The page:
KALAMAZOO – A teen who says he was sexually assaulted while he a resident at a Kalamazoo facility for troubled youths testified Tuesday that he didn’t call out for help because he feared repercussions.

“I was afraid … he would try to blame it on me, that I was doing something wrong,” said the teen, who was 14 at the time of the alleged assault on March 14, 2009.

Kimeon Tyrone Bolden, 28, of Kalamazoo, is standing trial in Kalamazoo County Circuit Court on five counts of first-degree criminal sexual conduct for alleged encounters with the teen. If convicted, he could face up to life in prison.

Bolden was a youth counselor at Lakeside Academy, 3921 Oakland Drive, where the teen was a resident.

During the opening day of testimony Tuesday, Kalamazoo Department of Public Safety detective Christina Ellis testified that Bolden told her there was no inappropriate action between him and the teen.

“He said he wasn’t necessarily surprised because of the way (the teen) was … but at the same time he was surprised the allegation was made,” Ellis testified. “At one point he said maybe (the teen) had dreamed it.”

A Kalamazoo County Sheriff’s Office detective testified during Bolden’s preliminary examination in June that Bolden told him a month after the incident that he had sex with the boy. Bolden said he had fallen asleep at work and awoke to find the boy had unbuckled his pants and was performing a sex act with him, according to that testimony.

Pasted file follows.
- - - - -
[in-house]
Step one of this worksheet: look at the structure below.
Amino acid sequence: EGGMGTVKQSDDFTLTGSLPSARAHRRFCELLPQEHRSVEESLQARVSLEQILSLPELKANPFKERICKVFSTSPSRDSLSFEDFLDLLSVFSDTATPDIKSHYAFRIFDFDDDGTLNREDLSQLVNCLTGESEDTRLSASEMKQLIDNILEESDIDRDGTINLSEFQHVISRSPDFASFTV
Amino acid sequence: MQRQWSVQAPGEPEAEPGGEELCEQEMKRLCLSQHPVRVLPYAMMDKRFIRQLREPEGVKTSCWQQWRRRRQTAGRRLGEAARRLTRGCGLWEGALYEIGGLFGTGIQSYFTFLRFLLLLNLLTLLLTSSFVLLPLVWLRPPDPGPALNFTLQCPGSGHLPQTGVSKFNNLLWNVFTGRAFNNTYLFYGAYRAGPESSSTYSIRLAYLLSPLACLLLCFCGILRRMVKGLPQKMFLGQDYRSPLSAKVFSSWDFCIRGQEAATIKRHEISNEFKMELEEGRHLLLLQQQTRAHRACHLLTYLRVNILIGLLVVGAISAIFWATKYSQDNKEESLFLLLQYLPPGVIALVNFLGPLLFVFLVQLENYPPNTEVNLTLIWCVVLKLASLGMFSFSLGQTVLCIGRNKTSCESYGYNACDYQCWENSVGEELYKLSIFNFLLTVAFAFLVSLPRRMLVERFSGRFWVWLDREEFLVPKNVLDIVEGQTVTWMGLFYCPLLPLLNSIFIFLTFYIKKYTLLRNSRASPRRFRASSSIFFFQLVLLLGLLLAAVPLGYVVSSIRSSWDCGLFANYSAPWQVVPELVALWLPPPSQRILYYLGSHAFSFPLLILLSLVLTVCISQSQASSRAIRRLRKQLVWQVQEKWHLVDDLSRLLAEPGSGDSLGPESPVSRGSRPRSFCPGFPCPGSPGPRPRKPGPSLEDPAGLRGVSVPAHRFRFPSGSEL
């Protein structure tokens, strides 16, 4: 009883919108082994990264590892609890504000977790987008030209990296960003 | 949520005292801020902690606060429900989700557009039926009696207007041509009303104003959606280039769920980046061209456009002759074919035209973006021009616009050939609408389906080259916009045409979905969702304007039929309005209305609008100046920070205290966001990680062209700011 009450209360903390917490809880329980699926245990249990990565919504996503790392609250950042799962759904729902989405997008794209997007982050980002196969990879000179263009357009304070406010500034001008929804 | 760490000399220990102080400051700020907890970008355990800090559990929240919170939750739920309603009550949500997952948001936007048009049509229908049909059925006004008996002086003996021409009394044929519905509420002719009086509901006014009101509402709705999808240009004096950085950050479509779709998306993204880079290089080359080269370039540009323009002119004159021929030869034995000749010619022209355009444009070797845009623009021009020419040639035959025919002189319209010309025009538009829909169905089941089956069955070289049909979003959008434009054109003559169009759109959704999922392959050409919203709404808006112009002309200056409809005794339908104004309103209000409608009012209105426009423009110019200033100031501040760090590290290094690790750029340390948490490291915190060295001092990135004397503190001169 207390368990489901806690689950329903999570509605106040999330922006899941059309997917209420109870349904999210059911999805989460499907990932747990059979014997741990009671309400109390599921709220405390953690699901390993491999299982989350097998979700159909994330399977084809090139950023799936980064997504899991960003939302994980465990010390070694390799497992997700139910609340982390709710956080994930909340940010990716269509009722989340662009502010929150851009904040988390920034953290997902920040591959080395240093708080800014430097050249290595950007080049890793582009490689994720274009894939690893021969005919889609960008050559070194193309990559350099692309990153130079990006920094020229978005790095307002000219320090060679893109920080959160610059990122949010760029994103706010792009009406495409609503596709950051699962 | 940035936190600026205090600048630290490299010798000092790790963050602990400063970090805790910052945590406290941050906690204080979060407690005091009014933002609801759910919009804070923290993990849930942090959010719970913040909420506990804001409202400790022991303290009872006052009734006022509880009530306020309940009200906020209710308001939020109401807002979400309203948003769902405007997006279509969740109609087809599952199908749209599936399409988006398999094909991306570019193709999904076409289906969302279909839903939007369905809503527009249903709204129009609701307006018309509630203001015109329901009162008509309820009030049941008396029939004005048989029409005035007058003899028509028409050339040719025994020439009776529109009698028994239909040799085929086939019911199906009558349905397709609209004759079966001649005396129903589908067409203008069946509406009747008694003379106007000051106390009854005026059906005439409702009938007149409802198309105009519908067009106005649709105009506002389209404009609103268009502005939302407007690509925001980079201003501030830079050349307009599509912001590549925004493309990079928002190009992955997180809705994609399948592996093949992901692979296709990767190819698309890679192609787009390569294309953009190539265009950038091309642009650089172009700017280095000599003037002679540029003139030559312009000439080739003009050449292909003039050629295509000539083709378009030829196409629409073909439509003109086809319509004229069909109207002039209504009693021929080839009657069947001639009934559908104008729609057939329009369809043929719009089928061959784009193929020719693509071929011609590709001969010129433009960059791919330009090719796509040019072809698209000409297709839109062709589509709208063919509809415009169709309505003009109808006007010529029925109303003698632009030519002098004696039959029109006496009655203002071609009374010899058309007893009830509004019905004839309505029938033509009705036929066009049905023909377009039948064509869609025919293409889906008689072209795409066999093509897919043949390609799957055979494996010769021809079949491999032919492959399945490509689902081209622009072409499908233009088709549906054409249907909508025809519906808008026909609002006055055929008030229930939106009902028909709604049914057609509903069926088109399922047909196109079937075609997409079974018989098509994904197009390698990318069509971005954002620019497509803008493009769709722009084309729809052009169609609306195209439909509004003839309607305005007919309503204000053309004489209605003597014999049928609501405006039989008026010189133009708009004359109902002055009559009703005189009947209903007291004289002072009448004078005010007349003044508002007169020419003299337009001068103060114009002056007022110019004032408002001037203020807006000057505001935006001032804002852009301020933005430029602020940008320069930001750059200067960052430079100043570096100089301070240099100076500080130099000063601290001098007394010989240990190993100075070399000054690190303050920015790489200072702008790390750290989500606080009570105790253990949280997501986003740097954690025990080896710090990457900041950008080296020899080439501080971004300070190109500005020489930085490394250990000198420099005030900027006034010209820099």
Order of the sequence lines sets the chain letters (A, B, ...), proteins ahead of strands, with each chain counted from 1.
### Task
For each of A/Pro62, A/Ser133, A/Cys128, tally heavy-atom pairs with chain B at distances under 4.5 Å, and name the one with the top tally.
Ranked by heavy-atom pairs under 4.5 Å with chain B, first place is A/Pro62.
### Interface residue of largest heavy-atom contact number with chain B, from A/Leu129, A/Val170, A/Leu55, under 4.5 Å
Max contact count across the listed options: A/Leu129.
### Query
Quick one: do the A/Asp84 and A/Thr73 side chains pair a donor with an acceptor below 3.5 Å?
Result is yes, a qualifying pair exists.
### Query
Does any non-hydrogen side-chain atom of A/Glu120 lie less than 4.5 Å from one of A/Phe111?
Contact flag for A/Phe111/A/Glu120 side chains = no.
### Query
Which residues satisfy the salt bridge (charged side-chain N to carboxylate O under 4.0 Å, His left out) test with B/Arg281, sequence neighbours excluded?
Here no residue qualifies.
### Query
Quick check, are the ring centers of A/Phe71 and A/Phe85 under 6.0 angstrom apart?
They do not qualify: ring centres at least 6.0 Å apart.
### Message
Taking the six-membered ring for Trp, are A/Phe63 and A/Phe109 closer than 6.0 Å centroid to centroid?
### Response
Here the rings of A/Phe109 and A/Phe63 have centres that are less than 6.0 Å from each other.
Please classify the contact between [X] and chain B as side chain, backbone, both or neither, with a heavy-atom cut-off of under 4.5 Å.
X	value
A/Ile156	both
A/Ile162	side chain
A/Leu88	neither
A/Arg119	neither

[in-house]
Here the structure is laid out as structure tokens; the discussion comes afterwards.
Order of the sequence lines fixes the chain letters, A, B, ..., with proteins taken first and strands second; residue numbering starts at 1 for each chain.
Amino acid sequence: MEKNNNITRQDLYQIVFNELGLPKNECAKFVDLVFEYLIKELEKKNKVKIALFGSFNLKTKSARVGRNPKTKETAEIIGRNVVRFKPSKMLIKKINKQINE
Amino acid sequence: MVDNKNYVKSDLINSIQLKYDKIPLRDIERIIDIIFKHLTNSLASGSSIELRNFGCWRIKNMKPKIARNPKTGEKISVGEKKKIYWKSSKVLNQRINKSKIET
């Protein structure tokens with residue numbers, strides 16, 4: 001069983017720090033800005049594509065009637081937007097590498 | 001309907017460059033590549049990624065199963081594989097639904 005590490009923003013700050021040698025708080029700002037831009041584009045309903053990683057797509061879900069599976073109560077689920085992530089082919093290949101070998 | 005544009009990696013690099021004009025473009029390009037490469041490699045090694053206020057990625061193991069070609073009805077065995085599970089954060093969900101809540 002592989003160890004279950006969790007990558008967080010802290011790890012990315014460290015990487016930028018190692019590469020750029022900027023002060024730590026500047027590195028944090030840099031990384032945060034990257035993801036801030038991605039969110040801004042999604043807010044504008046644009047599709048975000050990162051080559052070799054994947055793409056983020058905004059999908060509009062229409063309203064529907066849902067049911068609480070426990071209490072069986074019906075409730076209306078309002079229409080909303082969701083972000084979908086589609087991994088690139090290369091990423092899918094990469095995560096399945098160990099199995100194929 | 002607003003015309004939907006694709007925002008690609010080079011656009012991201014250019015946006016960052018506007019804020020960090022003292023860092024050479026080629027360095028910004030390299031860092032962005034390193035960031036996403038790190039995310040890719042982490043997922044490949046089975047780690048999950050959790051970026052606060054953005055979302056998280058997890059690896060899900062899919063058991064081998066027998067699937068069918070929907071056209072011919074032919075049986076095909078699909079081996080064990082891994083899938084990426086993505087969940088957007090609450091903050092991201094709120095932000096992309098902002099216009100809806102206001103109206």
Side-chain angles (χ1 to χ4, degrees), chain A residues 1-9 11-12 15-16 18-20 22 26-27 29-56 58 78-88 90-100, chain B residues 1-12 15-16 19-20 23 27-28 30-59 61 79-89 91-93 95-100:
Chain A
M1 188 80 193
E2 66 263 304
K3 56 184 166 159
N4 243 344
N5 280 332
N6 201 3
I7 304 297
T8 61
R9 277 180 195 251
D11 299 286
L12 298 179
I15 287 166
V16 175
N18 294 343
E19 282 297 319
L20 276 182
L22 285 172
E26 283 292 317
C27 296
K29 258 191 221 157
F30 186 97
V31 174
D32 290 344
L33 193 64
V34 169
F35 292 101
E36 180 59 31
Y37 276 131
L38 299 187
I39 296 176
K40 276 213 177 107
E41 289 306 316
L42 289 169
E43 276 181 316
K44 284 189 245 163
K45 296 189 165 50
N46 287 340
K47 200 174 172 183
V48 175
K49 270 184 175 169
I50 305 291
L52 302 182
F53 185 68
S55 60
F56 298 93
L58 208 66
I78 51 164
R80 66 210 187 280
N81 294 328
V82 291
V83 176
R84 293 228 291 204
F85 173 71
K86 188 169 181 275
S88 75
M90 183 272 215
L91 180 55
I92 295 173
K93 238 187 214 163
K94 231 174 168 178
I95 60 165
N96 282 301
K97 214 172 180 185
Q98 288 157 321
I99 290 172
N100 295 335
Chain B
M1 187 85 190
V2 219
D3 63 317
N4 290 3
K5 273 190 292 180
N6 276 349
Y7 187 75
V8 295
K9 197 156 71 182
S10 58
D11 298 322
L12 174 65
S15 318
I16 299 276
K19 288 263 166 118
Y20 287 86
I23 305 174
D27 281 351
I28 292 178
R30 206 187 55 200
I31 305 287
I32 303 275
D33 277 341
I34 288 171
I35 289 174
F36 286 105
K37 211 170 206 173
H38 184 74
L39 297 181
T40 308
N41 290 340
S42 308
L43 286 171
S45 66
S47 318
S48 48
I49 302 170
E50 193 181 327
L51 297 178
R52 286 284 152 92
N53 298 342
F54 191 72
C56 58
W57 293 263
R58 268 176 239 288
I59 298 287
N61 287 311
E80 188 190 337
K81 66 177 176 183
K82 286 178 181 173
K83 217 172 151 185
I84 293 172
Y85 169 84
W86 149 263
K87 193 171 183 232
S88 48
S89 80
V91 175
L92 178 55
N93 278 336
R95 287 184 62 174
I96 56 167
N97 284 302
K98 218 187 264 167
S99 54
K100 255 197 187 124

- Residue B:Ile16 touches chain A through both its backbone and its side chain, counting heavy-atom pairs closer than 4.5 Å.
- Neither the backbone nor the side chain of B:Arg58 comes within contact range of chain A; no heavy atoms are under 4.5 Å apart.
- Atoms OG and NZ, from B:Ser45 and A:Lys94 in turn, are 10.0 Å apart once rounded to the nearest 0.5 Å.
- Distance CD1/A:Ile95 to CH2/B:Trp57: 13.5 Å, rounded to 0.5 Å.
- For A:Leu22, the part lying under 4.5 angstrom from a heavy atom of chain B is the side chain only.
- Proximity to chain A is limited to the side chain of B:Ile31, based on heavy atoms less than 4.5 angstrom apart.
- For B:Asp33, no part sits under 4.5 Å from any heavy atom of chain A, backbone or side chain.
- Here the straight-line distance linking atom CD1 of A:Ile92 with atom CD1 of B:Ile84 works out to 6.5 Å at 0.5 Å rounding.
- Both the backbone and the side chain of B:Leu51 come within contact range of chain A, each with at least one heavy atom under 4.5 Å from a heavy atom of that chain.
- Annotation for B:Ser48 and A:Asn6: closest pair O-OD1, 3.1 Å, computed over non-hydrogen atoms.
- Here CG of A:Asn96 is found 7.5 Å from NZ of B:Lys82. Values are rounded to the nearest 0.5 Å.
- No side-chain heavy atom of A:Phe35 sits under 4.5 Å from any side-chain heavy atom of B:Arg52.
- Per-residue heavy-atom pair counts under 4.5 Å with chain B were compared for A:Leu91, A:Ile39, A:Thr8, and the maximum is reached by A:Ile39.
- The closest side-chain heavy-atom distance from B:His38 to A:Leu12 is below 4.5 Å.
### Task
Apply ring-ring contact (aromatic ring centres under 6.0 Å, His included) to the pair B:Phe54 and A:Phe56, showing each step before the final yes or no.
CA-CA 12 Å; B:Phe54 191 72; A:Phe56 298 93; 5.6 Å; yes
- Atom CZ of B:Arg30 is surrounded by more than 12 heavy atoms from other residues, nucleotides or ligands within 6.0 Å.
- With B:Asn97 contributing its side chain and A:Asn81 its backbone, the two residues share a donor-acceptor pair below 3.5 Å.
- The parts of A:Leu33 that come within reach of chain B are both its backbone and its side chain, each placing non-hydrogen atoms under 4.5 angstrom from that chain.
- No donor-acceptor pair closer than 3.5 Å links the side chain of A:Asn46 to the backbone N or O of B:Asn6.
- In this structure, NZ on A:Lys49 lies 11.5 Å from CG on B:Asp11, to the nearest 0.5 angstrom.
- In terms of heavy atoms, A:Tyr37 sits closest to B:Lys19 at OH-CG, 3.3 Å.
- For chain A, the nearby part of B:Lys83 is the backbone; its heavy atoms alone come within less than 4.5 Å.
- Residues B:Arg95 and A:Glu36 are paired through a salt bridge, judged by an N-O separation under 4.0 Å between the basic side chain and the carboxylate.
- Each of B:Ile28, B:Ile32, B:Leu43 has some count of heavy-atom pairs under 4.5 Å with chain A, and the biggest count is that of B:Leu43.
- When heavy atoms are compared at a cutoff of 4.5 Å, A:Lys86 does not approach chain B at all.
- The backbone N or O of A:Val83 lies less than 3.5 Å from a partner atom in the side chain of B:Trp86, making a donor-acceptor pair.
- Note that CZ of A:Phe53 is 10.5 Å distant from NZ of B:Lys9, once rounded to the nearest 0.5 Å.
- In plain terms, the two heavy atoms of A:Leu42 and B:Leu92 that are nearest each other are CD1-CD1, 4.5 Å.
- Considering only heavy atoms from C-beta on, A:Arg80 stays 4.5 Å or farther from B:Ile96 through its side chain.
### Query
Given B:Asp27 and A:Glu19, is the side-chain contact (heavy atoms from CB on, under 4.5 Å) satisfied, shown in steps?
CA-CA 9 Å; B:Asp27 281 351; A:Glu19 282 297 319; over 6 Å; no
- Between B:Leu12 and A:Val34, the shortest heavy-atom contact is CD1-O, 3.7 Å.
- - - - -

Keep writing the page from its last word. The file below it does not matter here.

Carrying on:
Ellis testified on Tuesday that Bolden said the only way his DNA would be found in connection with sexual contact with the teen was if something had happened when he was asleep. But Bolden said he was “100 percent sure” nothing had happened, Ellis said.

Testimony, expected to include discussion of DNA evidence, was to continue this morning.

Also, I haven't had time to highlight specific parts to take note of from this, but here is a PDF file from the end of 2011 from the State of Florida's Department of Juvenile Justice Bureau of Quality Assurance Program Report for Sequel Youth and Family Services' Kissimmee, FL Juvenile Correctional Facility.

It's on "New Beginnings Road." *sigh*


I've been at this too long today, and I need to go to bed, but I'm still haunted by this quote from the Sequel website, in reference to the Three Springs Madison program:

"In our safe environment, our students learn to verbalize needs, feelings, and goals without fear of abuse, and learn to function effectively in a cooperative society with other teens. "

Overcompensating much?

Source: http://

Sure seems that way.

Some more Google searching about the specific Three Springs facility where I was abused came up with:


NPI Number:  1114295326

State Identifier(s)

Group Name